Sending an email is a pretty simple task. Most of us can do it in a matter of seconds. But this is not the case for Sunny Cheung Sai-ho.
Confined to a wheelchair and barely able to control his head and arms, the app programmer fumbles on a specially designed mouse to type and send a short email. It takes him 10 minutes.
"I'd be useless without the computer," says Sunny, 31, who relies on his parents to translate his mumbled speech.
His father, Cheung Sing-tin, says Sunny was a healthy child, but suffers from athetoid cerebral palsy because of the hospital's neglect at birth. His brain had insufficient oxygen supply, resulting in physical problems including seizures, weak muscle development and trouble with speech. Cheung and his wife were not well educated, and believed their son's conditions would improve over time. "We never knew the consequences would be so serious … There wasn't even a place we could go to for help at the time - the Hospital Authority wasn't established in the late '80s," says Cheung.
So Sunny grew up never being able to walk or run. He relied on his parents' help for every basic task. When he was a teenager, he had to undergo surgery to insert a metal rod into his back to prevent his body collapsing. He couldn't even express himself because people couldn't understand what he said. Frustrated, he would cry. But he never gave up. The Cheung family wasn't well off, so Sunny vowed to work extra hard. "If I didn't study, I'd have to work in a sheltered workshop for the rest of my life," he says.
After Cheung retired a decade ago, the family lived with an income of less than HK$10,000 a month. They seldom eat out, and Cheung makes their furniture and bed sheets. Sunny uses second-hand computers. His best shirt costs around HK$100.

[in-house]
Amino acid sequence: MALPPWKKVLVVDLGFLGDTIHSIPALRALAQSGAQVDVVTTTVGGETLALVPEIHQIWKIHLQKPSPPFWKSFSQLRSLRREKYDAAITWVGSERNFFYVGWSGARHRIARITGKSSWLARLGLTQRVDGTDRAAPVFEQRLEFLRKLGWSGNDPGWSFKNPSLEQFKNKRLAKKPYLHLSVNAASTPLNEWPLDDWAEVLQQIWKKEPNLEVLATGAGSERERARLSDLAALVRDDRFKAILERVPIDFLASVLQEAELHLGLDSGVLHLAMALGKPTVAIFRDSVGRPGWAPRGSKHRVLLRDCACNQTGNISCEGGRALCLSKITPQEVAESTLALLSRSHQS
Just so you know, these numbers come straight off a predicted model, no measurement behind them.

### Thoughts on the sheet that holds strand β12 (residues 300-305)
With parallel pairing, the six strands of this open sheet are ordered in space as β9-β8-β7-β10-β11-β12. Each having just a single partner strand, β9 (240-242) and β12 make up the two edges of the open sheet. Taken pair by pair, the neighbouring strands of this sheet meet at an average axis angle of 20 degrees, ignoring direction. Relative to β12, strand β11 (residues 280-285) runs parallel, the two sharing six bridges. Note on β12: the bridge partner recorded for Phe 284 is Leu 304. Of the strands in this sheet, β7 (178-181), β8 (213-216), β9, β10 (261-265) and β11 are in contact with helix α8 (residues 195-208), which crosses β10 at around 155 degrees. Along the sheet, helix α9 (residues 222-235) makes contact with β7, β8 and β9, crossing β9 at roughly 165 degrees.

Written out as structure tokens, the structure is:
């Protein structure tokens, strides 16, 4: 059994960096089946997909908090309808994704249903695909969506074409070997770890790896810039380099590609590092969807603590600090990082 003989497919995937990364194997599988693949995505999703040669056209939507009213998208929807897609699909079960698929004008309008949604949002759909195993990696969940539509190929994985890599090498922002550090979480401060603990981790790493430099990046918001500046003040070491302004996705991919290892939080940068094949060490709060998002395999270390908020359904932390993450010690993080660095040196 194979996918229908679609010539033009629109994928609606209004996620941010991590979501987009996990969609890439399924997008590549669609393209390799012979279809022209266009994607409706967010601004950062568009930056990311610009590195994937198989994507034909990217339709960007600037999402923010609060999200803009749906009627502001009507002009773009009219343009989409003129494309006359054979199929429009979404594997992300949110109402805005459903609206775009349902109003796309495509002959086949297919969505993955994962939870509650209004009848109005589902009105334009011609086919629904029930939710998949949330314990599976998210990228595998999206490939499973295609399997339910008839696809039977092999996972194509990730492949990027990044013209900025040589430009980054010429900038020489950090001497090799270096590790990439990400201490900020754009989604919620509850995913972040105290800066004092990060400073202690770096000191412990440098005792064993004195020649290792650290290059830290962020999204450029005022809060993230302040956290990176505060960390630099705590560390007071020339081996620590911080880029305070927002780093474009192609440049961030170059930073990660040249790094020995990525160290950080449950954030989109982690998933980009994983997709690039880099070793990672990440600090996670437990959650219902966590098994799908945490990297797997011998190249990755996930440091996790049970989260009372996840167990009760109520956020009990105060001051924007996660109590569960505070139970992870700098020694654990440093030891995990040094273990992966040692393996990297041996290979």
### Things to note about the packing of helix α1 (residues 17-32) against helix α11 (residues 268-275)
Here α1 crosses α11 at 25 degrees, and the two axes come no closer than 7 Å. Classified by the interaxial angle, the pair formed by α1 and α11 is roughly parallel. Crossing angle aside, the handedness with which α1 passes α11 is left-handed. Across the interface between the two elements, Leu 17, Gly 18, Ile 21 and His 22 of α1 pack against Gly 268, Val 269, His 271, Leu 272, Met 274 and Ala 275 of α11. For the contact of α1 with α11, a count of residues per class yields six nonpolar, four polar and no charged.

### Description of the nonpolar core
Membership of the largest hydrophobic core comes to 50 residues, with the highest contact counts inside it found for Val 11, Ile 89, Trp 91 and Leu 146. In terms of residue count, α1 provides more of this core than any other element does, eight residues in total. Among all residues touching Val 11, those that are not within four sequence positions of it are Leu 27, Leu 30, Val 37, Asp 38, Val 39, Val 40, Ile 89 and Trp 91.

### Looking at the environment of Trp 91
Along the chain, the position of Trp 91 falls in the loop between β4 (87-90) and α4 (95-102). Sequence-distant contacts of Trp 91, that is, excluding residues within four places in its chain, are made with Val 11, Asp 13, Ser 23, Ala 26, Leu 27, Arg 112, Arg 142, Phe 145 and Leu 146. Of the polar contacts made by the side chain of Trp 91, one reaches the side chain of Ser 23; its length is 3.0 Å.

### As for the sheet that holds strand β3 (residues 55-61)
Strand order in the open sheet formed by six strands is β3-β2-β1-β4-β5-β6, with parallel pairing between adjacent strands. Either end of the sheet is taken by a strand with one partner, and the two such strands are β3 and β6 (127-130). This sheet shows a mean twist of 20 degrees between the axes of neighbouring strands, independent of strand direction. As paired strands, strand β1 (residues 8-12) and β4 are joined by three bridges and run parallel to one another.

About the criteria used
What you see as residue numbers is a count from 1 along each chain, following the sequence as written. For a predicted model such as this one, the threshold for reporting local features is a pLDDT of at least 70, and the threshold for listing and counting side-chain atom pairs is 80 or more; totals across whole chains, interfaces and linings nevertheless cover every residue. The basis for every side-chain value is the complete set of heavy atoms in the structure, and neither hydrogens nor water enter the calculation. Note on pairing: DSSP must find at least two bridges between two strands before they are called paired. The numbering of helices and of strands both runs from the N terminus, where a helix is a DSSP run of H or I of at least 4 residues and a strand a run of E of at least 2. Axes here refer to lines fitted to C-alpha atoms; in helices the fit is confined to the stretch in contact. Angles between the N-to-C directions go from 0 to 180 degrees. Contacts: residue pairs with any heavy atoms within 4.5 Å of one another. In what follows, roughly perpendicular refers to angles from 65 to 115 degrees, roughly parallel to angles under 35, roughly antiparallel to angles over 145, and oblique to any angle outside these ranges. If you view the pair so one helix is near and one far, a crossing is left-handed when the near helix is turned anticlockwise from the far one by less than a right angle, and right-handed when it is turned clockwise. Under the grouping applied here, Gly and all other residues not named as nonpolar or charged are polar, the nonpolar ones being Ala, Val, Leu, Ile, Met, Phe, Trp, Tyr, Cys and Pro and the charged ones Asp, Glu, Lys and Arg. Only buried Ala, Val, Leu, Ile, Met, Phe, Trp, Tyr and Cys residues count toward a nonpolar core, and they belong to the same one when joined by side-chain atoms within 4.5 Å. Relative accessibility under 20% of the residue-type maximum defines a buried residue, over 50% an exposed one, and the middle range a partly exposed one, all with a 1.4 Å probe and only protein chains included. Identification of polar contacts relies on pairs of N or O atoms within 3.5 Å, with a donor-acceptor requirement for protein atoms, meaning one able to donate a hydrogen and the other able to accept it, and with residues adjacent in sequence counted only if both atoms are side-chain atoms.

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But Sunny's parents made up for the lack of material support by dedicating all their time and effort to helping him with his studies. Sunny struggled with exams because he typed too slowly, and did poorly in his A-levels. "The exam system shut down all my options, so I decided to learn a skill," says Sunny. He pursued a Higher Diploma in Computer System Administration at the Institute of Vocation Education (IVE). His father accompanied him to a school in Tsing Yi and waited outside for hours while Sunny attended lessons. "He's so determined, we just had to support him," says Cheung.
For his final project, he developed a face-controlled computer and graduated with first-class honours.
"Would you believe it? He wasn't even a science student at secondary school," says Cheung. "He learned all the maths he needed from tutor classes and studying extra hard."
Sunny went on to complete a Bachelor of Science degree in Business Information Systems, a programme run by the Leeds Metropolitan University in Hong Kong. But being disabled, he couldn't find a job.
It all changed when he met Howard Ling Ho-wan three years ago. Ling runs Team More, a mobile apps company, and was intrigued by Sunny's CV. He paid a visit to their home, and decided to fork out HK$60,000 to buy Sunny an Apple server, products and textbooks so he could learn to write apps.
Sunny didn't disappoint. Three months later, he had written his first app. He shows Young Post an app he wrote to help autistic people express themselves with photos. "As a disabled person, I want to help others with disabilities," he says.
Sunny is now a temporary employee at eClass, an online teaching and administration platform used by many schools in Hong Kong. He is the first disabled person the company has ever hired.
"We jumped for joy when we learned he would be earning HK$14,000 a month. We would have been thankful with half of that,"says Cheung.
The family celebrated Sunny's first paycheck with a hearty meal at a Chinese restaurant.
Although he is allowed to work from home, Sunny struggles to keep up even by working almost 10 hours every day, seven days a week. The stress from the complicated work has also caused him many sleepless nights.
He thinks mobile apps will fade out in couple of years, and he is set to study for a master's degree at Baptist University after the summer.
"I'm more suited for research work," he says. "The commercial world is too fast for me. I can't keep up."